The ACLU of Georgia responded to complaints from individuals in DeKalb and Pike County Jails who were denied the right to vote because they did not receive requested absentee ballots during the last presidential election. The ACLU of Georgia represented Hassan Swann and David Hartfield, who were denied the opportunity to participate in the 2008 presidential election while they were detained in the DeKalb County Jail. The lawsuit challenged the constitutionality of a Georgia law that prohibits election officials from mailing absentee ballots to inmates in county jails who remain eligible to vote, but who are incarcerated in their county of residence. Under Georgia law, if the inmate is incarcerated in their county of residence, he or she cannot receive an absentee ballot at that county jail. However, there is no prohibition against an inmate receiving an absentee ballot if the person is incarcerated outside of his or her county of residence. This law violated our clients' right to equal protection under the Fourteenth Amendment to the U.S. Constitution. The lawsuit also raised due process claims against the County Sheriff and Board of Election for failure to inform our clients that they would not be able to receive absentee ballots and failure to provide another means by which they could vote.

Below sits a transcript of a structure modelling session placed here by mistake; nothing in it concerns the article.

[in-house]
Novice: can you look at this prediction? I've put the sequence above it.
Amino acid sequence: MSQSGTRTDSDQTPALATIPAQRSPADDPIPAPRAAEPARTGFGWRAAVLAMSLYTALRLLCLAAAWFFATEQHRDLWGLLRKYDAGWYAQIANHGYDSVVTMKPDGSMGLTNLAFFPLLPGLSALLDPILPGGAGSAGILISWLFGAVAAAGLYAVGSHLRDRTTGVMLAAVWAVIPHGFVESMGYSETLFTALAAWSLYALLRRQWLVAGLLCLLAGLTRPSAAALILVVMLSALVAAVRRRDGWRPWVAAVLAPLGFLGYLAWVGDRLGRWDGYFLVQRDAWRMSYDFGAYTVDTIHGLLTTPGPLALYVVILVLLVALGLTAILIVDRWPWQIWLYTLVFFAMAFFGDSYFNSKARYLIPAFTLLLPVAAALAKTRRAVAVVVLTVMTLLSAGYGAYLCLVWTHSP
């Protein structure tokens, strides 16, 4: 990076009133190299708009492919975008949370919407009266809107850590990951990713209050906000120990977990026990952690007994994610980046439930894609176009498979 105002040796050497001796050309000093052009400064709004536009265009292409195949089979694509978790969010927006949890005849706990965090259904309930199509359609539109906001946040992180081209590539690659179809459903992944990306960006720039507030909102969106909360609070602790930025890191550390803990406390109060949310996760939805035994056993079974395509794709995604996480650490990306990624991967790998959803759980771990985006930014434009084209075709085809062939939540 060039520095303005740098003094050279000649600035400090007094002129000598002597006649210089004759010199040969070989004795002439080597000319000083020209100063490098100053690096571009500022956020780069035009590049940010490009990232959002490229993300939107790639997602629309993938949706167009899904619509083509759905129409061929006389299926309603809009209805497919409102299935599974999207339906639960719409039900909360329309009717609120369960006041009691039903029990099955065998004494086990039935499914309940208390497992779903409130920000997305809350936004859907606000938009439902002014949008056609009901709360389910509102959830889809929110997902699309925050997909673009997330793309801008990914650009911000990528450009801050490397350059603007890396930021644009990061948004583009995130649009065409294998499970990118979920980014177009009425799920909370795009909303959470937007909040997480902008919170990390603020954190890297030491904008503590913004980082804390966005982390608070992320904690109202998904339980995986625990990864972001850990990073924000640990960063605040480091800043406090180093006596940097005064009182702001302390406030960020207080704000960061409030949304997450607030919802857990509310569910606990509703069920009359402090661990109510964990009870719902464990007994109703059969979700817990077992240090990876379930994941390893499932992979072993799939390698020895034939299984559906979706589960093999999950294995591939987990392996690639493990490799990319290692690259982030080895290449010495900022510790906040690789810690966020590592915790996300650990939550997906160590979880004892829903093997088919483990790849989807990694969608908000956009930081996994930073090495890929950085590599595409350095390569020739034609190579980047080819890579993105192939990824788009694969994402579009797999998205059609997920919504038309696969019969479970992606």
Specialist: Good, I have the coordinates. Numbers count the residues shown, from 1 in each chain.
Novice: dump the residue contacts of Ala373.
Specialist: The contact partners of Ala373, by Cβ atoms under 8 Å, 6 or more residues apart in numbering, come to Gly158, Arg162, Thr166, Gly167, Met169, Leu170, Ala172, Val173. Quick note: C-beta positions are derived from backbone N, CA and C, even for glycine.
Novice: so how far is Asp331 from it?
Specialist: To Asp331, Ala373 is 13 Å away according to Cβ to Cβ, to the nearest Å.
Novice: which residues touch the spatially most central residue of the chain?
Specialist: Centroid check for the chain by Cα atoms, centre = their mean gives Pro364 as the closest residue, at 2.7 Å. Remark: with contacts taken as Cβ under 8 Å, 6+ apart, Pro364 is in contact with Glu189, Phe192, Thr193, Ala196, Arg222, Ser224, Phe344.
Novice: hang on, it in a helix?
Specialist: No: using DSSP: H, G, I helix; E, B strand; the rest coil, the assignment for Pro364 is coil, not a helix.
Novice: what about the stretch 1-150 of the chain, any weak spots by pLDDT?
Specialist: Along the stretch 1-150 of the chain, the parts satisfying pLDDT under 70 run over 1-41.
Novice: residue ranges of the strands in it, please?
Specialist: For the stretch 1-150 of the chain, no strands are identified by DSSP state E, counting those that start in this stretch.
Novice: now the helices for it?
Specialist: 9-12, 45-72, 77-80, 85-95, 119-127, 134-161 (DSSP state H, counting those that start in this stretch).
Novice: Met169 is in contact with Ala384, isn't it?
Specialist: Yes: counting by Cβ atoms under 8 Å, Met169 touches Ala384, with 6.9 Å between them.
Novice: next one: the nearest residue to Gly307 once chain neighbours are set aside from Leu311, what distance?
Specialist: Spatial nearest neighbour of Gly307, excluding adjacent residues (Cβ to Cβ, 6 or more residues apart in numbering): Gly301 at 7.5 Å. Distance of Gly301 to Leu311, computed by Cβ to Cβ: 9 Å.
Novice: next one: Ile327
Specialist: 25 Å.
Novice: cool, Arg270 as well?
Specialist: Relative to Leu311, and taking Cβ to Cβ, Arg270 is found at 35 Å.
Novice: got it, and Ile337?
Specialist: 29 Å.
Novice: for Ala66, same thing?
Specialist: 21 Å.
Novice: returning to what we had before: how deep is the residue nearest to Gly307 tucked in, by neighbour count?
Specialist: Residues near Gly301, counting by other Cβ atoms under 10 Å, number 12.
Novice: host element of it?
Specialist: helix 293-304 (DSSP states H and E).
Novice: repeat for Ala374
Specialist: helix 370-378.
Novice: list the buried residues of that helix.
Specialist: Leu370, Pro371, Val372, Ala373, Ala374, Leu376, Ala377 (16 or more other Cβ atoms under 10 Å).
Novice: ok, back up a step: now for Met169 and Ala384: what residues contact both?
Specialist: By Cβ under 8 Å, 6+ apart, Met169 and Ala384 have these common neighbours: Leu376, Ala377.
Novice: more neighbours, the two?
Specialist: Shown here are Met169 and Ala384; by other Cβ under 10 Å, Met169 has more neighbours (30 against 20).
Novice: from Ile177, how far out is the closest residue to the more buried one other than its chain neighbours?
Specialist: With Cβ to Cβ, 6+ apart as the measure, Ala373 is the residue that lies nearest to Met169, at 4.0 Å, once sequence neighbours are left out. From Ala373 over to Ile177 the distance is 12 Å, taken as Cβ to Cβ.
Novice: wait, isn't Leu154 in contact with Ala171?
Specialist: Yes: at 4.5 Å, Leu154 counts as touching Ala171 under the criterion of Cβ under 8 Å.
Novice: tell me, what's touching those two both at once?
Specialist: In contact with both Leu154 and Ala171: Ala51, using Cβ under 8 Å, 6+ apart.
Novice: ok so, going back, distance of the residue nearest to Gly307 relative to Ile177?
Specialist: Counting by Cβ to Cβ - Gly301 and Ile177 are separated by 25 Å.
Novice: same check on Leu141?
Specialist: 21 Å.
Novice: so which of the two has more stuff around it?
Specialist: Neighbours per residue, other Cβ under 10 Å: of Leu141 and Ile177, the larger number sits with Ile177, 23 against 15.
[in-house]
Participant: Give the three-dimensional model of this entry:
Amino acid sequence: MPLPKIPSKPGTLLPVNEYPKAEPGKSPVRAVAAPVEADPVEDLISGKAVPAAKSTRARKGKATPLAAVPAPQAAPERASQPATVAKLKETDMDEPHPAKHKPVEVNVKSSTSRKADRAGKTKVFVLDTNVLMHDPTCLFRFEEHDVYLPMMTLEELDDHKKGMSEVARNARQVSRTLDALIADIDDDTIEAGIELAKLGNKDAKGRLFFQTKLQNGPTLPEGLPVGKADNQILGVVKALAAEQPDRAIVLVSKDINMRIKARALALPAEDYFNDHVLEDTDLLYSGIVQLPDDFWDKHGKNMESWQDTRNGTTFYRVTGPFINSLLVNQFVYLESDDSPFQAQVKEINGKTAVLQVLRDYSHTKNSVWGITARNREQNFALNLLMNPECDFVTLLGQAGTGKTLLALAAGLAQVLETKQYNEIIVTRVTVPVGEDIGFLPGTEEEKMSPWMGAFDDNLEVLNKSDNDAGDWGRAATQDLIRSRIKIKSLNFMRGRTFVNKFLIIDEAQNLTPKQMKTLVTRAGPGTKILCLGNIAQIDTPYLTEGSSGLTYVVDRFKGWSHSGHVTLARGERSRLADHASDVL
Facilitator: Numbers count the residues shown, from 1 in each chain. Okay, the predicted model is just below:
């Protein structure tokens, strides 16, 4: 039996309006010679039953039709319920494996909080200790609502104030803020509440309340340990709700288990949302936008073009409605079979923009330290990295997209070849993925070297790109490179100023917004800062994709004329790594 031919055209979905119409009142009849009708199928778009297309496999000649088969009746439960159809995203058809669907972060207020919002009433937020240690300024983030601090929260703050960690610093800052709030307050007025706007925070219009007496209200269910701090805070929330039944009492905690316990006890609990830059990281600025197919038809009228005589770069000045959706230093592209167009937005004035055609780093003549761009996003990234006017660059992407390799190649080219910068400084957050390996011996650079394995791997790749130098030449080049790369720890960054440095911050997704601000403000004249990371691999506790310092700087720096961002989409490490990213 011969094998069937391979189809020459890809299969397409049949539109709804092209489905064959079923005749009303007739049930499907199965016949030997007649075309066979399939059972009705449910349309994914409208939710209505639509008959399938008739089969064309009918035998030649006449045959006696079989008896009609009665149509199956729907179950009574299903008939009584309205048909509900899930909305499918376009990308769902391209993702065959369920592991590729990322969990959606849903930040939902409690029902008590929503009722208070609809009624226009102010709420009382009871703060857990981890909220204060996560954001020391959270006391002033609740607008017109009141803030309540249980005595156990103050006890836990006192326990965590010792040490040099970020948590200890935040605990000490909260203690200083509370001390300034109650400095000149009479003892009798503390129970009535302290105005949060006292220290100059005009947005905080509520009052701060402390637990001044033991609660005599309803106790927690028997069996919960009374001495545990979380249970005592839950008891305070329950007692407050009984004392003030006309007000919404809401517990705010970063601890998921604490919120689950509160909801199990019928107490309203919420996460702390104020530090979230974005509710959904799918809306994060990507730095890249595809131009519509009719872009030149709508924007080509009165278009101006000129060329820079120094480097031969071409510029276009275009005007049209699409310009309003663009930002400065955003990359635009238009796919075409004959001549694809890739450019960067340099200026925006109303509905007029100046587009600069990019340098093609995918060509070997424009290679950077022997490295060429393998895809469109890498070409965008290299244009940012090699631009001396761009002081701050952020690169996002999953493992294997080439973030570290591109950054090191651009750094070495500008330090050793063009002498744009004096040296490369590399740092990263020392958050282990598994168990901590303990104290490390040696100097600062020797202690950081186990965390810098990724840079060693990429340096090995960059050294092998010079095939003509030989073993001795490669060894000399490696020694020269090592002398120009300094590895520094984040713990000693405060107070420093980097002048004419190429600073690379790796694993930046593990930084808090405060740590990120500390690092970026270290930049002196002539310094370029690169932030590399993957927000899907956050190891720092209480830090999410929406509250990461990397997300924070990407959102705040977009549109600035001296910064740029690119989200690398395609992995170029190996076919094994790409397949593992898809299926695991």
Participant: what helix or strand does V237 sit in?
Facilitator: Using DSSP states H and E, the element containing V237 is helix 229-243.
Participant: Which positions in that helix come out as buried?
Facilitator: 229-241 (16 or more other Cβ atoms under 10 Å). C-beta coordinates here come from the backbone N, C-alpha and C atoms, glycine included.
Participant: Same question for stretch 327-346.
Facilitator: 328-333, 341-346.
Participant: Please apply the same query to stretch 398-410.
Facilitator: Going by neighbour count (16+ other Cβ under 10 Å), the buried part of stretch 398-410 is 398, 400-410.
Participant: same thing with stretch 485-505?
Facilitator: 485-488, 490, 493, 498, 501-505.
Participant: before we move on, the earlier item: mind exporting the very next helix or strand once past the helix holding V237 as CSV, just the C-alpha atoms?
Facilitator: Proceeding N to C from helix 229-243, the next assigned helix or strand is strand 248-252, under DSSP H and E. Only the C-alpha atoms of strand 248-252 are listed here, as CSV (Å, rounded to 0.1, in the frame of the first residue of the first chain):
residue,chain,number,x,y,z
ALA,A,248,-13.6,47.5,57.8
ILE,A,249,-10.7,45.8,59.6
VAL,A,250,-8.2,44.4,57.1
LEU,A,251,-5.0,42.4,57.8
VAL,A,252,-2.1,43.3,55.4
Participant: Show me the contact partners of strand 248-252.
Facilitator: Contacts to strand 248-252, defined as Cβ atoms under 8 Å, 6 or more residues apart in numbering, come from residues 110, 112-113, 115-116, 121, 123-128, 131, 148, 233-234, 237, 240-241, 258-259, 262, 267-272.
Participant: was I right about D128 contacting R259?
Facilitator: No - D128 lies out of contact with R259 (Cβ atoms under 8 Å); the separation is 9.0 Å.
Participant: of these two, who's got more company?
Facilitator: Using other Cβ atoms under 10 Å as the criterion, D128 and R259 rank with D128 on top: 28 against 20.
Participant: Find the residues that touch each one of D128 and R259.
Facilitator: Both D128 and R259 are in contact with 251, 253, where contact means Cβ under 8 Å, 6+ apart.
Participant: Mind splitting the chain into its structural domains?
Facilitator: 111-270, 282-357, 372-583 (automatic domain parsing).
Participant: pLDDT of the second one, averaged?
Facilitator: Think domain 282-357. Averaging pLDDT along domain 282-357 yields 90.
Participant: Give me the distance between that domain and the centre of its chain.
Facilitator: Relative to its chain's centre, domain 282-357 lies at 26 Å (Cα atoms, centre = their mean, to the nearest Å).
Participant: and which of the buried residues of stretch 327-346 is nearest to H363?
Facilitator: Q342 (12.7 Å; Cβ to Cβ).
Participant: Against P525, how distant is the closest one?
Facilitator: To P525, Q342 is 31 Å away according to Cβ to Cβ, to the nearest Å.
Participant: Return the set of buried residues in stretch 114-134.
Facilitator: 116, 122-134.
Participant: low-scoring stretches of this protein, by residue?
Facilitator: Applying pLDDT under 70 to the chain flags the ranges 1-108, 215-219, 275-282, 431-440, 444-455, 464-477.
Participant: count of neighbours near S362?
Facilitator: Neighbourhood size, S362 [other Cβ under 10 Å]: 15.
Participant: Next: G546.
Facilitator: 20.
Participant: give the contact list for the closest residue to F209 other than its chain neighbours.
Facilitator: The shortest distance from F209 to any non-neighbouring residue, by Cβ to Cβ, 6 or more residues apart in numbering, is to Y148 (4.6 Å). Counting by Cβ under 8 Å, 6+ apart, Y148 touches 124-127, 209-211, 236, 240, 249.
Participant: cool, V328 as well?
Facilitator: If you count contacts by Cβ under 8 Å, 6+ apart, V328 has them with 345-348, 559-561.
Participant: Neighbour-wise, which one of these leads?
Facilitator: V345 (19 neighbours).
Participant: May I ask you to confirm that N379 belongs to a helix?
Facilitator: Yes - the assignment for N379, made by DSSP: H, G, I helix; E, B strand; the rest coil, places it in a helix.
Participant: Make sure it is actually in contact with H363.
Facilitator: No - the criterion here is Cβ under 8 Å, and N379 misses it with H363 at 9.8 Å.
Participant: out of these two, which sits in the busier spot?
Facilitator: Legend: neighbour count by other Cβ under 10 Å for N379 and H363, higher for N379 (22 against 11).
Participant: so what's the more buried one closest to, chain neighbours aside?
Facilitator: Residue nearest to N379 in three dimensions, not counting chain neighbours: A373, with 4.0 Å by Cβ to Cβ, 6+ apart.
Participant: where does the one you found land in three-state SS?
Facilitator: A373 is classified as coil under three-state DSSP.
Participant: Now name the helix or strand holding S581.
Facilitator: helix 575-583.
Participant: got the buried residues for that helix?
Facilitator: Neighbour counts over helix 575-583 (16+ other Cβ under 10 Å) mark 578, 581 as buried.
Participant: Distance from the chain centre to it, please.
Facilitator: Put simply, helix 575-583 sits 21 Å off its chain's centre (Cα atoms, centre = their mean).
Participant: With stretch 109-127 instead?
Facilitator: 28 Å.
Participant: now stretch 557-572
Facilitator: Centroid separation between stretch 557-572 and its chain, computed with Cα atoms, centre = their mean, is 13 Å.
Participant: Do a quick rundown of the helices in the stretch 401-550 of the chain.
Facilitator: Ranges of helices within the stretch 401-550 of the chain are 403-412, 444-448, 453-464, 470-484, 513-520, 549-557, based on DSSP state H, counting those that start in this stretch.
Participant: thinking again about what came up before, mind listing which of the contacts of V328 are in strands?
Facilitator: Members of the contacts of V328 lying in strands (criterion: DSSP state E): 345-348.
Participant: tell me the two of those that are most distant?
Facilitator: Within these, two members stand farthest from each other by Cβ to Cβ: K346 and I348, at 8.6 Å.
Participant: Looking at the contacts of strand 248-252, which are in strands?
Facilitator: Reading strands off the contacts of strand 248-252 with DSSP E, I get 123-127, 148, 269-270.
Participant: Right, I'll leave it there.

This case was decided against the ACLU of Georgia at both the district court level and at the Court of Appeals for the Eleventh Circuit. Our view and the view of the courts did not necessarily diverge on the consitutionality of the law, but diverged regarding the relevance of certain facts of the case. Both the district court and the Eleventh Circuit felt that our client's failure to write the address of the prison on his absentee ballot application was more important to his standing than the fact that, even had he written the address, he would not have received his ballot at the jail. We feel both decisions failed to give significant consideration to the constitutionality of the law at question.